Tag: youtube


February 19, 2011

Hang On, Sloopy was a hit when I was in 7th grade. I was just becoming aware of the Vietnam War, but it wasn’t much on my mind; I had problems closer to home. Other songs I remember most from that year are Satisfaction, which played in heavy rotation in the little cafeteria where we waited to be picked up after the school bus dropped us off, and I Think We’re Alone Now, which suited my teenage desire for privacy and rejection of my parents and authority in general.

It’s interesting that, in the comments on this video at YouTube, some see it as promoting war or honoring vet, or condemn ruining a good song with unrelated pictures from a war — everyone seeing it in a different light, depending on their own world view and experience.

Fortunately, ignorant comments get offset by those from people who might have a better grasp on what they are talking about (and the world beyond themselves in general).

Grunt6869 says “I had ”[H]ang on Sloopy” written on my steel pot=helmet During my tour in Vietnam 68-69…” and fffreddie remembers that “[t]his song came out just the start of the Vietnam conflict. Our service men would play music to help forget the horror they were in. It still helps. Now´╗┐ some of the negative comments are from morons.”

I concur with fffreddie. If music was unrelated to current events, we would not have film soundtrack albums, or “hear” songs in our heads when we see old images, mementos or people. The video in my head for Hang On, Sloopy doesn’t have these images of a foreign war — it has school lunchrooms and buses, a pink bedroom and an AM radio — but this video might be a better reflection of the historical record.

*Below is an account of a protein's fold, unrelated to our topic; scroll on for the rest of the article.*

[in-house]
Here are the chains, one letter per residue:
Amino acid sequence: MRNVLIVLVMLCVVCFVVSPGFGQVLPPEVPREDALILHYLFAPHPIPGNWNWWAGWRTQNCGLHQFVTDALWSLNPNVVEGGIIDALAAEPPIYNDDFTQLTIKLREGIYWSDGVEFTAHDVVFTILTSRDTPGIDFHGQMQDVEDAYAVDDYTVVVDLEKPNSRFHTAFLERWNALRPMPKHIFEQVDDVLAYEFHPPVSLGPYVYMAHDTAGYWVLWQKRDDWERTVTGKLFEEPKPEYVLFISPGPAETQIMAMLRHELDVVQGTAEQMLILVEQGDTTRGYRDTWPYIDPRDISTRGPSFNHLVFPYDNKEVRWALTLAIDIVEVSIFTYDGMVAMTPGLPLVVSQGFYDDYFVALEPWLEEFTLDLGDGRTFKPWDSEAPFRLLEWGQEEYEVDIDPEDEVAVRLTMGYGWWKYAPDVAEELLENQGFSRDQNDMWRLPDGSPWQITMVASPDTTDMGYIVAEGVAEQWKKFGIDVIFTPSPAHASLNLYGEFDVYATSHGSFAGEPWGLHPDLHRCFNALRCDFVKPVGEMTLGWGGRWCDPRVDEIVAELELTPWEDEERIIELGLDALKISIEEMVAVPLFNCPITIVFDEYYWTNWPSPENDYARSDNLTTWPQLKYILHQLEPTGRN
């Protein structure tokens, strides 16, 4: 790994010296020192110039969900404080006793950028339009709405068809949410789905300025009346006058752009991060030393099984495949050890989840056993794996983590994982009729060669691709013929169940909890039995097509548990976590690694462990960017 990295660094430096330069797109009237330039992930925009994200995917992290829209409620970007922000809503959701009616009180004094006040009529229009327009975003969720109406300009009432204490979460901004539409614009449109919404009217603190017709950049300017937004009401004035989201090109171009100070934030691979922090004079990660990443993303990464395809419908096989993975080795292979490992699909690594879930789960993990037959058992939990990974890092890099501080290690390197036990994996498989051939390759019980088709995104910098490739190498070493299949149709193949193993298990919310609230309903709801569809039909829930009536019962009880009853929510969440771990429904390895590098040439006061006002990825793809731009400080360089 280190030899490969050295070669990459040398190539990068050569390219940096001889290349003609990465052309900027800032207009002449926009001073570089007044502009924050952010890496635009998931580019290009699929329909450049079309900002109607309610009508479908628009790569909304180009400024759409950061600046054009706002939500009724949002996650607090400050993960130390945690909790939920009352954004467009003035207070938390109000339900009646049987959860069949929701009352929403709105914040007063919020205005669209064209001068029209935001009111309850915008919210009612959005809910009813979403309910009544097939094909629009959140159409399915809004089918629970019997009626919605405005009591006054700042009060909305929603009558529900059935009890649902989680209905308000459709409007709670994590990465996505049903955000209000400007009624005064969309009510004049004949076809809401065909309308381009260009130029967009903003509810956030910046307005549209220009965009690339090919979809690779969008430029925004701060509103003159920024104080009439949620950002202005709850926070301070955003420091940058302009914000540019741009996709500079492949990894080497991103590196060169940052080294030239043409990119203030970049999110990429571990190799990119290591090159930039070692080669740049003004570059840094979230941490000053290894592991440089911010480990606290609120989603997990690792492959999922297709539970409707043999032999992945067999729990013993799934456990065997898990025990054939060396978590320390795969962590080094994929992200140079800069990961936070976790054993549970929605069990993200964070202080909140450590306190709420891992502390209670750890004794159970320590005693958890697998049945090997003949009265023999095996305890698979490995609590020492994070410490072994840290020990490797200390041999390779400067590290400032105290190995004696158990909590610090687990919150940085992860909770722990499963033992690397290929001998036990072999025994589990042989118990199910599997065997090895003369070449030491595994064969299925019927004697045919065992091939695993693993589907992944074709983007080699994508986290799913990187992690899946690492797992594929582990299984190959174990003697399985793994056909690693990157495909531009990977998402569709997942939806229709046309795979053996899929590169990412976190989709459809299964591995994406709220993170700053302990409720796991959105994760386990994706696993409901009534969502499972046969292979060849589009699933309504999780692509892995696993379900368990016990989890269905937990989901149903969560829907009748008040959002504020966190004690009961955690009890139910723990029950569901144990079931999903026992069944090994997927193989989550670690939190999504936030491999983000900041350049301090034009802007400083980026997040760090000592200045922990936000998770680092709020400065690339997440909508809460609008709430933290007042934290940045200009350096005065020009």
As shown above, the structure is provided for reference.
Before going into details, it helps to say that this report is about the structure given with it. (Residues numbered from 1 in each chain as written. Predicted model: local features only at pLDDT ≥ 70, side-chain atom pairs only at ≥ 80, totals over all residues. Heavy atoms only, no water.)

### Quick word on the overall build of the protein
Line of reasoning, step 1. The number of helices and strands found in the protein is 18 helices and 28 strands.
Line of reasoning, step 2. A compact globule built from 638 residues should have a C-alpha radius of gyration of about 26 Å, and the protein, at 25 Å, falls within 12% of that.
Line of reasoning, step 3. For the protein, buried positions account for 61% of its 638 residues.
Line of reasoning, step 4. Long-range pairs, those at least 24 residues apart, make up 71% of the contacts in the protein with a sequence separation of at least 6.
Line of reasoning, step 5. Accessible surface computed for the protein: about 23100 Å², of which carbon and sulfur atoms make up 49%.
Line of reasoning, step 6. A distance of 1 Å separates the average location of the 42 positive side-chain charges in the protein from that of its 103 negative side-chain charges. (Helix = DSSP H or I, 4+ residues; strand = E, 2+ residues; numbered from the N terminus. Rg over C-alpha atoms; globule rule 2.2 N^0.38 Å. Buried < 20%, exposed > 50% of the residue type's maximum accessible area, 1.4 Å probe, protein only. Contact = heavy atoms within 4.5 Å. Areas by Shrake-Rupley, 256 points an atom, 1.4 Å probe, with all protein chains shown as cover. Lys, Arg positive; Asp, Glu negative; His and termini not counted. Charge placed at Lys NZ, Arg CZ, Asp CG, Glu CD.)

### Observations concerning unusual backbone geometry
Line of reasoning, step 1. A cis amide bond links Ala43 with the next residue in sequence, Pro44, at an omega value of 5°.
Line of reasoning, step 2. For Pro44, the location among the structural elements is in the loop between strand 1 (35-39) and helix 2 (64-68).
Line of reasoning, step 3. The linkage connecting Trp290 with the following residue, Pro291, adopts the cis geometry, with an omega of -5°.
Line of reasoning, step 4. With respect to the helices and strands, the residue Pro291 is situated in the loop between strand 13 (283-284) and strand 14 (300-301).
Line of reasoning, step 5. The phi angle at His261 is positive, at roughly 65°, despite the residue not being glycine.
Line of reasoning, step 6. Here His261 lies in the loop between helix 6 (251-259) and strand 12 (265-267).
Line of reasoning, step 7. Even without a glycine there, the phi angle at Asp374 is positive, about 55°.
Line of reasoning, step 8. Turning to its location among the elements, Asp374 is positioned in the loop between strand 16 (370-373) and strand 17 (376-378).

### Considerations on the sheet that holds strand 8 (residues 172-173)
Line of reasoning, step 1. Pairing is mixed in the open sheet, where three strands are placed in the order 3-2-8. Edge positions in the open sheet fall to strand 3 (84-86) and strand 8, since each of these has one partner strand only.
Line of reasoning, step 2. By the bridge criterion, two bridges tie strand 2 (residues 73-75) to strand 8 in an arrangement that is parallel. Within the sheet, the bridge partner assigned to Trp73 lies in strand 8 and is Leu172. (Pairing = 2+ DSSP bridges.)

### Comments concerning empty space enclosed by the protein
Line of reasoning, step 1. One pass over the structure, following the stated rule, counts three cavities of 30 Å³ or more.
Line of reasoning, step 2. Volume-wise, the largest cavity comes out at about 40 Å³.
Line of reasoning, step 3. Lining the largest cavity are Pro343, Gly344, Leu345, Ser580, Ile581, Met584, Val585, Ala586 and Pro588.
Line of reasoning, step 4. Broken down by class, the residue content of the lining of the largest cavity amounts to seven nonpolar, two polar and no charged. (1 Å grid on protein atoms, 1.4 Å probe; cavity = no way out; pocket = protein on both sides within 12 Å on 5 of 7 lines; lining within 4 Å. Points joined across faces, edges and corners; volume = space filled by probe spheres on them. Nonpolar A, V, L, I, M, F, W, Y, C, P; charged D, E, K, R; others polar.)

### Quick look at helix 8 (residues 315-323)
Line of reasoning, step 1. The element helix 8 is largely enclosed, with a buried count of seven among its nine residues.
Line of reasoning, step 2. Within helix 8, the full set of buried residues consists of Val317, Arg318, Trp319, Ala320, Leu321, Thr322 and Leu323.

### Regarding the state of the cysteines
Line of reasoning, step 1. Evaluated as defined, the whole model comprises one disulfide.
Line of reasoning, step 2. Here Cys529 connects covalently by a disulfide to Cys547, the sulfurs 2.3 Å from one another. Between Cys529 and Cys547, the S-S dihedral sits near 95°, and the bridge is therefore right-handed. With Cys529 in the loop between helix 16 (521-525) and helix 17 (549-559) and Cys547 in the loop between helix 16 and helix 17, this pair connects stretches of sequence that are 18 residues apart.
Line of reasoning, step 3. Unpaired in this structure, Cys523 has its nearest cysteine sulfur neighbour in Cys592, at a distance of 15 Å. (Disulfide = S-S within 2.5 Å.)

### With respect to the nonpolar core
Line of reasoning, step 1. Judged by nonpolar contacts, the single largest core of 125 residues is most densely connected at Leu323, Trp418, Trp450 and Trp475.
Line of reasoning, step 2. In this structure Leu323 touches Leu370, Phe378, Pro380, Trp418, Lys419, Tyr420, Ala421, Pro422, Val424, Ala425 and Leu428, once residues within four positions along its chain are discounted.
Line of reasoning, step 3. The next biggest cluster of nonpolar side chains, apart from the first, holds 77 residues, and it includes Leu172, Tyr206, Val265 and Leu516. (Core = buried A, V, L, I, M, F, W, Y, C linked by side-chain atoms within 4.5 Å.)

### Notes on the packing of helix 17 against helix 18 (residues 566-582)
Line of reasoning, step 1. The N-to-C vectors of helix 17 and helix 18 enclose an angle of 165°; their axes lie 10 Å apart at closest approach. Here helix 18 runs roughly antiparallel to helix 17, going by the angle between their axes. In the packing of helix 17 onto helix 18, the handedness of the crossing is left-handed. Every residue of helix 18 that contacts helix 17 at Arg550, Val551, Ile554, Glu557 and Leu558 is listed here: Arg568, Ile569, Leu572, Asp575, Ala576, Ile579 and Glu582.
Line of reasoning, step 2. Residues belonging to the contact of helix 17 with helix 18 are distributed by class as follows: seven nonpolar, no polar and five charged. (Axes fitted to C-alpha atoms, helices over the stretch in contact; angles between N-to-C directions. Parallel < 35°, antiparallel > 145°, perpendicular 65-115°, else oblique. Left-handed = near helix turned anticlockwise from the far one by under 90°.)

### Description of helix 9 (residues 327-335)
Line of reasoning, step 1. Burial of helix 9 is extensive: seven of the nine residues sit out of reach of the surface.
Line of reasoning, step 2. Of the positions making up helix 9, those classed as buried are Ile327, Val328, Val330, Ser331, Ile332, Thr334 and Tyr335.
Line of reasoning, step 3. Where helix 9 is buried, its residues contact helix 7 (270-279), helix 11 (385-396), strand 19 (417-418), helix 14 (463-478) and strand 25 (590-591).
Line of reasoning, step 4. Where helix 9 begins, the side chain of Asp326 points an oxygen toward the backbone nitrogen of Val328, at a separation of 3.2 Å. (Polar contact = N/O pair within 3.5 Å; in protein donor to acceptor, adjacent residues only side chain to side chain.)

This land belongs to you and me, but the Inaugural concert belongs to HBO

January 19, 2009

A video of folk legend Pete Seeger and Bruce Springsteen singing Woody Guthrie’s socialist-tinged “The Land is Your Land,” was removed by the Google-owned service after HBO complained about its exclusive rights to the event had been violated.

Oh, the irony. The song contains these often-ignored stanzas, which were not ignored by Bruce and Pete (who, at 89, must have particularly relished singing at the Lincoln Memorial — a la Marion Anderson — after being blacklisted as a commie in the 50s).

As I went walking I saw a sign there
And on the sign it said “No Trespassing.”
But on the other side it didn’t say nothing,
That side was made for you and me.

In the shadow of the steeple I saw my people,
By the relief office I seen my people;
As they stood there hungry, I stood there asking
Is this land made for you and me?

Now a version of the song shot by a German team has been posted on YouTube, and is available as of this writing. Here it is, watch it while you still can.

The whole idea of HBO getting rights to this part of the Inaugural events, a public event at a public location, in the people’s capital, is a concern, to say the least. Seems the excuse is that the Inaugural team needed the money to pay for all the logistics. I guess that legendary internet fundraising machine was offline.